For as long as she can remember, Marigold “Gold” Suarez, knew she wanted a career in healthcare.
“I’ve always been fascinated with the healthcare industry,” said Suarez, director of therapy services at UT Health Tyler. “As far back as I could remember, even as a kid, I role-played being a doctor and considered pursuing medical school.”
However, during her undergraduate studies in college she had the opportunity to visit a rehabilitation center, where she was introduced to physical therapy. She was moved by the close interaction between therapist and patient and by the joy apparent on their faces as the patient made progress.
“There was a burn patient, a patient who was an amputee, a stroke patient — just a variety of patients and I witnessed how the therapists were interacting with them,” Suarez said of that first encounter with physical therapy. “I didn’t have plans to be a physical therapist, I’d never heard of it. I think seeing it is when I realized ‘That’s my calling.’”
Suarez, who was born and raised in the Philippines, worked at the hospital where she trained until she was recruited to take a position in the U.S. when she was in her 20s. When she arrived in Tyler from the Philippines, she was struck by how quiet it was compared to the bustling city where she was from, but she has long since considered it home.
Suarez progressed in her career here and now oversees therapy services, which covers occupational, physical and speech therapy, for UT Health Tyler. She said she finds her career fulfilling not only because of the difference she makes in patients’ lives, but those of her coworkers as well.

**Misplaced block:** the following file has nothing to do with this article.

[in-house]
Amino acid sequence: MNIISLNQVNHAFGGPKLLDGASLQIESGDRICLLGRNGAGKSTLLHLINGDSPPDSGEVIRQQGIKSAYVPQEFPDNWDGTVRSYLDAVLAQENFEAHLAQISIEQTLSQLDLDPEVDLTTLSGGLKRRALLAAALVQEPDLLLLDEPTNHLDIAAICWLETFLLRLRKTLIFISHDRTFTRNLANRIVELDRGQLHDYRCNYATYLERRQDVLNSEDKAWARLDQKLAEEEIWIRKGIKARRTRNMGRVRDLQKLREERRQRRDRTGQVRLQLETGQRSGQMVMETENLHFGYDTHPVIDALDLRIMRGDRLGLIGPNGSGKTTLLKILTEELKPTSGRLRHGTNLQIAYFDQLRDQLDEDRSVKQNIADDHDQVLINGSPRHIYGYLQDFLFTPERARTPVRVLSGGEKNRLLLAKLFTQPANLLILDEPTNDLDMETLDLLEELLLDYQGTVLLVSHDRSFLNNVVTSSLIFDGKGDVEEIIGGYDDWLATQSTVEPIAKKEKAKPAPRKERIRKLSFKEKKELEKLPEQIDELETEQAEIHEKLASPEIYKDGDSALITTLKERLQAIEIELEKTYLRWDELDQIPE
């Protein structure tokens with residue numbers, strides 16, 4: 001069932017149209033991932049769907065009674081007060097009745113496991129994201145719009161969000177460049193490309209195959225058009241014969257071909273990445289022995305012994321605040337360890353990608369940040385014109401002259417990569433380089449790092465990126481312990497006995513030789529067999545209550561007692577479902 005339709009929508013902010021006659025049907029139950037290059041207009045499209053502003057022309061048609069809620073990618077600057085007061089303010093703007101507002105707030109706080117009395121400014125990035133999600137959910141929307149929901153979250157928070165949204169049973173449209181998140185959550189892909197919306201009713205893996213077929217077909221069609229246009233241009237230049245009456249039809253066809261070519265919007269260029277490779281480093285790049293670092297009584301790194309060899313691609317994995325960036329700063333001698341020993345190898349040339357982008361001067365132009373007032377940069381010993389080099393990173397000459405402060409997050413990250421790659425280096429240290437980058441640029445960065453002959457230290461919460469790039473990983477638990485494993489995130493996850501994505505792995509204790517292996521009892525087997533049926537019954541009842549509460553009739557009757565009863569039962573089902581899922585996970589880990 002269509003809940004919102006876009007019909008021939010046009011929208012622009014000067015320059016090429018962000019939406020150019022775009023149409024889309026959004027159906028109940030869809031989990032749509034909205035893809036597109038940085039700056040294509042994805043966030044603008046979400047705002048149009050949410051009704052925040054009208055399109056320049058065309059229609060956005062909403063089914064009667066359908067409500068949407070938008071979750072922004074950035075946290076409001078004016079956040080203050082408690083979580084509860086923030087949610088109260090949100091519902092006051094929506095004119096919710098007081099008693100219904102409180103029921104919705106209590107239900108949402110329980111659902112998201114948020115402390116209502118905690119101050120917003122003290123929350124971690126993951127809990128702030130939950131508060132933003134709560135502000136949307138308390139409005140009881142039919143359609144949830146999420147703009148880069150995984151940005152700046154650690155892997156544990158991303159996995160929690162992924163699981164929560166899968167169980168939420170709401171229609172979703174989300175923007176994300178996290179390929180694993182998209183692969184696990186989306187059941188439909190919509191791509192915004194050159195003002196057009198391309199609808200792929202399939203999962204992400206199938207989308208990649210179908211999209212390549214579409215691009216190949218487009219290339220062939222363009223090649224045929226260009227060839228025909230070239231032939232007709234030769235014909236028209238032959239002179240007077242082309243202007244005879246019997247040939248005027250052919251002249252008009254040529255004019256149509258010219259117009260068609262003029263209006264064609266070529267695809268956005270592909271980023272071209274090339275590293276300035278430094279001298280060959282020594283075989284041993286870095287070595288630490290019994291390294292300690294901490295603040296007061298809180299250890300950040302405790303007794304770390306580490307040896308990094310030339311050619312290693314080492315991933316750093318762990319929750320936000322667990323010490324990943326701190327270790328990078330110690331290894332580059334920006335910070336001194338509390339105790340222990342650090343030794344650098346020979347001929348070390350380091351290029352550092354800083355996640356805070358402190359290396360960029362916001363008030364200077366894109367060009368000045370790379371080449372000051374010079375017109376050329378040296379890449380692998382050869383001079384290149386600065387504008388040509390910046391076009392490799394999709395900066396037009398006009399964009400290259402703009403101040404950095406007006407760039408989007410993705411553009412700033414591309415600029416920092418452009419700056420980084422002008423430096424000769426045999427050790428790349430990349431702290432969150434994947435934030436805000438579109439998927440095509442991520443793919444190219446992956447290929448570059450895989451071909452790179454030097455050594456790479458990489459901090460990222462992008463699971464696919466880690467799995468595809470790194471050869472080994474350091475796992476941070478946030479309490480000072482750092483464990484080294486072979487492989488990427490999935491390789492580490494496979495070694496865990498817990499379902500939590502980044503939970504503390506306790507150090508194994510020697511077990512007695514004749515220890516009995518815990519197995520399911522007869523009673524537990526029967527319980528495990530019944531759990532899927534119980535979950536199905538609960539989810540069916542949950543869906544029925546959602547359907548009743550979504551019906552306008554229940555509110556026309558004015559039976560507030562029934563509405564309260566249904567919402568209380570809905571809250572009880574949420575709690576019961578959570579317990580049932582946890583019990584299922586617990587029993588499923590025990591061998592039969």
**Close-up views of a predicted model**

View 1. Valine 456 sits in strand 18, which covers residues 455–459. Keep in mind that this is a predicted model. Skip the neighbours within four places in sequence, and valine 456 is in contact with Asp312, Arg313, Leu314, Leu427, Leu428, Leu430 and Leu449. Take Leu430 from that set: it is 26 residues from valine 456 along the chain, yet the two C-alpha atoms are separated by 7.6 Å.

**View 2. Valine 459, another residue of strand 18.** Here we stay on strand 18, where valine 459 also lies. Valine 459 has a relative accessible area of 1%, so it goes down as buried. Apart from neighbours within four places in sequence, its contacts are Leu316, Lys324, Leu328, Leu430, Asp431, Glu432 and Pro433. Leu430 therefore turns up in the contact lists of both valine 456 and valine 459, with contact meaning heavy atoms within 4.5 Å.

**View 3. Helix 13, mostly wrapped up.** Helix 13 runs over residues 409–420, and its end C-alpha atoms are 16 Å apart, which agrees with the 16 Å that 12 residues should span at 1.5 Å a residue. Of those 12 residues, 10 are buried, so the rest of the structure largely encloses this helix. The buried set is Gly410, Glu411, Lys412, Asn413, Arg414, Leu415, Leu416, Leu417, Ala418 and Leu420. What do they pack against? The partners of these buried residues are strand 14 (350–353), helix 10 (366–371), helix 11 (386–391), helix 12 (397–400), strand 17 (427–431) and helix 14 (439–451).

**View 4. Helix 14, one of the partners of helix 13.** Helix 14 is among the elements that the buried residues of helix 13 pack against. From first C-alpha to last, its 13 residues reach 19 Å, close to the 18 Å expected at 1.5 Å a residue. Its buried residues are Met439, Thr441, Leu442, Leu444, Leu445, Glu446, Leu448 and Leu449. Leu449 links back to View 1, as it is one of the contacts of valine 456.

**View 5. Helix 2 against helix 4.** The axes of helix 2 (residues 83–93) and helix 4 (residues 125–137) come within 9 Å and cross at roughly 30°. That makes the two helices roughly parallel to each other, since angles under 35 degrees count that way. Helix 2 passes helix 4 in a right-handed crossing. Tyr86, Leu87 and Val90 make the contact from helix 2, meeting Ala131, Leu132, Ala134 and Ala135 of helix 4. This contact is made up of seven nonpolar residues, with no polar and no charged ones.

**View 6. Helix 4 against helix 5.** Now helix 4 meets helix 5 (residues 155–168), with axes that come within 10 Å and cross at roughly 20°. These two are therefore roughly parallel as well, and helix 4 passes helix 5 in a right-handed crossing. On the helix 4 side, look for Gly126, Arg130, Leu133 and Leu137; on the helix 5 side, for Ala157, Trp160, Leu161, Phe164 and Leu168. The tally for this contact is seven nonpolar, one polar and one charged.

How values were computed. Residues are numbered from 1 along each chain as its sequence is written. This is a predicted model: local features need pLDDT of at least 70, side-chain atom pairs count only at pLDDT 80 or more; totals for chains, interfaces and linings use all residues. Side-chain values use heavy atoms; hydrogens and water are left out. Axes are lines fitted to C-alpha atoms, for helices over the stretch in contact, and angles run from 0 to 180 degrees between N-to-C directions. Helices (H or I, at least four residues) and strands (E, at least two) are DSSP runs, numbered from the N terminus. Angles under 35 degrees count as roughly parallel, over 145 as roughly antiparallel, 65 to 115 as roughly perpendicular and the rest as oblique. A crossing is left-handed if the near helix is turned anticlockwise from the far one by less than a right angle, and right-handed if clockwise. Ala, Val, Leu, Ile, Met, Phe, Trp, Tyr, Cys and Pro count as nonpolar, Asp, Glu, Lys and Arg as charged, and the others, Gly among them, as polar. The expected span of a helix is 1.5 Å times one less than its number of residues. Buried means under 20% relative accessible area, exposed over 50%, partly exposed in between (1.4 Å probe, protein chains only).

“It’s so rewarding making an impact on people’s lives, and now being a director I also can share my knowledge to my peers because they’re the future, whether as leaders, therapists or whatever they choose,” Suarez said. “For me, knowledge is so powerful, but knowledge is useless when you don’t share it.”
Suarez said she also hopes to make an impact on future generations through her work as a member of the UT Health East Texas Diversity and Inclusion Council.
“We’re all different, but we all want to have a sense of belonging and be accepted. We can be diverse in so many ways, not just the ways that are visible,” she said. “And it’s not just your coworkers, but even patients. You really can’t provide the best care and be sensitive to them if you don’t accept them for who they are because every patient is different.”